Sunday, August 22, 2010

Belle Weather by Celia Rivenbark

Belle Weather: Sunny With a Chance of Scattered Hissy Fits. This was a reread. I just couldn't help it, it makes me laugh. I've seen it written that you should "think Dave Barry with a female point of view." I think that should have been "with a southern female's point of view." She speaks on matters that many of us can relate to. My favorite book of hers is "Stop Dressing Your Six-Year-Old Like a Skank: A Slightly Tarneshed Southern Belle's Words of Wisdom. I'm out to get another of her books, probably "You Can't Drink All Day Unless You Start In the Morning."
Quote: Who can fail to mist at Fergie's anthem, 'My humps, my humps, my lovely lady lumps.' Hummm. 'My lunch, my lunch, I swear it's coming up.'

Friday, August 13, 2010

The Serpent's Tale by Ariana Franklin

I enjoyed this one nearly as much as the first one, The Mistress of the Art of Death. In this book, Adelia did not use her skills as a mistress of the art of death, but her powers of observation and keen intelligence were in play. I liked the sense of time and place, medieval England. She captures the atmosphere of life during this time, especially for women and for the underclass who were at the mercy those above them.The mystery was not as engaging and the second half of the book seemed to drag a little. Even so, I liked it a lot. Now looking for the third in the series!
I liked this review

Saturday, August 7, 2010

The Devil's Punchbowl by Greg Iles

I listened to this book and found it to be quite a gripping thriller. The good guys were good and the bad guys were BAD. Some of the scenes were a tad too gritty for me. Had I been reading this I would have probably skipped a few of those pages. This is, of course, the third in Iles' Penn Cage series. I'll probably go get the first two.

About the book
Review in the Dallas Morning News
Greg Iles

Tuesday, August 3, 2010

Sizzling Sixteen by Janet Evanovich

I couldn't wait to read this, the latest Stephanie Plum adventure. I really needed it after the last two books I read. It was funny, entertaining and outrageous. As usual. It was fun to ride along with Stephanie, Lula and Connie as they contemplated throwing stink bombs into a really bad guy's house to rescue Vinnie. There is potential for lots of change in the next book with everything that happened here. Plus she still has me guessing: Ranger or Morelli?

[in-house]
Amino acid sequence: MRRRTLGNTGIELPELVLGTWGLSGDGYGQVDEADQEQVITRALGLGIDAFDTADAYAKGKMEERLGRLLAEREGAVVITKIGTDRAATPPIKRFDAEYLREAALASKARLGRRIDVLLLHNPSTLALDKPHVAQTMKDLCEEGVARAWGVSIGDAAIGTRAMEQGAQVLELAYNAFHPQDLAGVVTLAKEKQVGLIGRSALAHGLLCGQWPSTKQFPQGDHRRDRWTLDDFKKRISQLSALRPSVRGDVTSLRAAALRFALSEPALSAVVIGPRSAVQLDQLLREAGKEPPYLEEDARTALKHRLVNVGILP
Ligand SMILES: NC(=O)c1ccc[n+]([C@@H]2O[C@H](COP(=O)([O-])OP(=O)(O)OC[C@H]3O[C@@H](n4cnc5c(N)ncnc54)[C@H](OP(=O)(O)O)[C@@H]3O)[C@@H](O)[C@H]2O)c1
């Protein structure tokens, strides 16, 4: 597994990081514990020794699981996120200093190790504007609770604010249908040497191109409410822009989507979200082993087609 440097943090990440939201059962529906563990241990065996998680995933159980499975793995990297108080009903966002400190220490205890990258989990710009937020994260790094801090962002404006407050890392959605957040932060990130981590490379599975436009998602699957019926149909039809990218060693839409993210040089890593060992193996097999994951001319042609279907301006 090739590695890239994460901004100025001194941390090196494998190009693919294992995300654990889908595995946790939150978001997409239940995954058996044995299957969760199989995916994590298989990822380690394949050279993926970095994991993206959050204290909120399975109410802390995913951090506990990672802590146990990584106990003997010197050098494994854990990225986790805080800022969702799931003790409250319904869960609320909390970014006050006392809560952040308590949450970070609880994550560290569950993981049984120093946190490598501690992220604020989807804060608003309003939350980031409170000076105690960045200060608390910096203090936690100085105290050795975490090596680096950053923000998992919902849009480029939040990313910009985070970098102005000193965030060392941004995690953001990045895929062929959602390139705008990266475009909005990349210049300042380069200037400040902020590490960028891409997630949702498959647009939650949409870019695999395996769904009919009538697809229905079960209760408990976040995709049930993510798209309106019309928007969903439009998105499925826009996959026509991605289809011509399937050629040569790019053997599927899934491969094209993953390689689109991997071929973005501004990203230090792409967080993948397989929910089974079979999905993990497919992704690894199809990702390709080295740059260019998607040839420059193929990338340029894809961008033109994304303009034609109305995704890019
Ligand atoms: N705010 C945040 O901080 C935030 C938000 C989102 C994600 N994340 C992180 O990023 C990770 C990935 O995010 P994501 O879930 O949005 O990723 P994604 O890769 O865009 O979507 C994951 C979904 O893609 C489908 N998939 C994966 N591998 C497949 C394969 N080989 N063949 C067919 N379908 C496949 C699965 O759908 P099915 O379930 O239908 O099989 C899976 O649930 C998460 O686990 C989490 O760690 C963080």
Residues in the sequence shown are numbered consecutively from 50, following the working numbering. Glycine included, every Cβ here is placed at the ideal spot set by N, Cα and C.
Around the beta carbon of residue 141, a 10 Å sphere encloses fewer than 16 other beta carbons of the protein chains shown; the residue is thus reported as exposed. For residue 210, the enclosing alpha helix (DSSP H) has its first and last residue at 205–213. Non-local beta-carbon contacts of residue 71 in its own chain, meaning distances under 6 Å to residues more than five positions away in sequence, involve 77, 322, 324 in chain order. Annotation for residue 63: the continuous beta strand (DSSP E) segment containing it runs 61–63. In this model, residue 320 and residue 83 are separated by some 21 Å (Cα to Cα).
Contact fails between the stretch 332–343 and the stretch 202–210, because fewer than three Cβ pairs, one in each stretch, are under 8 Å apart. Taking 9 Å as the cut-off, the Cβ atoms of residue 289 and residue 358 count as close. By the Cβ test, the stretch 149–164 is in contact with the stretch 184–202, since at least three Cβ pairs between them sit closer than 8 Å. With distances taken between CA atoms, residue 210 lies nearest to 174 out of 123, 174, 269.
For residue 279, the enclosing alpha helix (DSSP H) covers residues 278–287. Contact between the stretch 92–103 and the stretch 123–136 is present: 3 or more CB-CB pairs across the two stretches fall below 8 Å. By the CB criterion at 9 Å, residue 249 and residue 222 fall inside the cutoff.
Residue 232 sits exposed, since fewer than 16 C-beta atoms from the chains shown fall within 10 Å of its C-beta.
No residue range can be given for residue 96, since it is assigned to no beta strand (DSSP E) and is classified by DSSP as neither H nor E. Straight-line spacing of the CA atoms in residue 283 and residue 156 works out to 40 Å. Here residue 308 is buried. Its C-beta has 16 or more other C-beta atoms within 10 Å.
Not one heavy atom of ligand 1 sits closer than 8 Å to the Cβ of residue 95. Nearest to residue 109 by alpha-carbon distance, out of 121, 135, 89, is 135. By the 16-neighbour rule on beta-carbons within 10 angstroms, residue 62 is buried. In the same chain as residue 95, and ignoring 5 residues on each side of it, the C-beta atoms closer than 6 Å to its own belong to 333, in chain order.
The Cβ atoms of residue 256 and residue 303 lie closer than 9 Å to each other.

Quotes: "I'm wearing four-inch slut shoes. I can't kick a door down in slut shoes. It isn't done. You need boots to kick a door down. Everyone knows that."

"Vinnie lived in a large yellow-and-white colonial in Pennington. It looked like a house a normal person would own, but it belonged to Vinnie."

About the book
About Janet

Monday, August 2, 2010

Nineteen Miniutes by Judy Picoult

I cried off and on all the way through this tragic story. I know it is one that will remain with me. Besides thoroughly delving both sides of the shootings of students by another student that had been bullied nearly all his school career the author inserted as many incidentally sad elements as she could come up with and write in. Suicide, death of a family pet, abortion, abusive relationships, the death of a child/sibling (not related to the shootings), unconnected/distant parents, Yikes! It was all too much for me. It will be a while before I attempt another book by this author. I'm not saying it wasn't good, it was. Just not my cup of tea at this time. It left me feeling hopeless. The "twist" at the end didn't work for me, it didn't feel right for the character.

Quote: "When you don't fit in you become superhuman. You can feel everyone else's eyes on you, stuck like Velcro. You can hear a whisper about you from a mile away. You can disappear even though it still looks like you are standing right there. You can scream and nobody hears a sound. You become the mutant who fell in the vat of acid, the joker who can't remove his mask, the bionic man who's missing all his limbs and none of his heart. You are the thing that used to be normal, but that was so long ago you can't even remember what it was like."

Interview with Picoult

City of Thieves by David Benioff

I found this novel, set during the WWII Blockade of Leningrad, to be a compelling read. I could not put it down. The picture it draws of the lives the people had to lead during that time was chilling. It is a war story and a coming of age story with a little romance. There is humor and horror of war told from the view of the 17 year old main character. I recommend this book.

About the book

I like this review.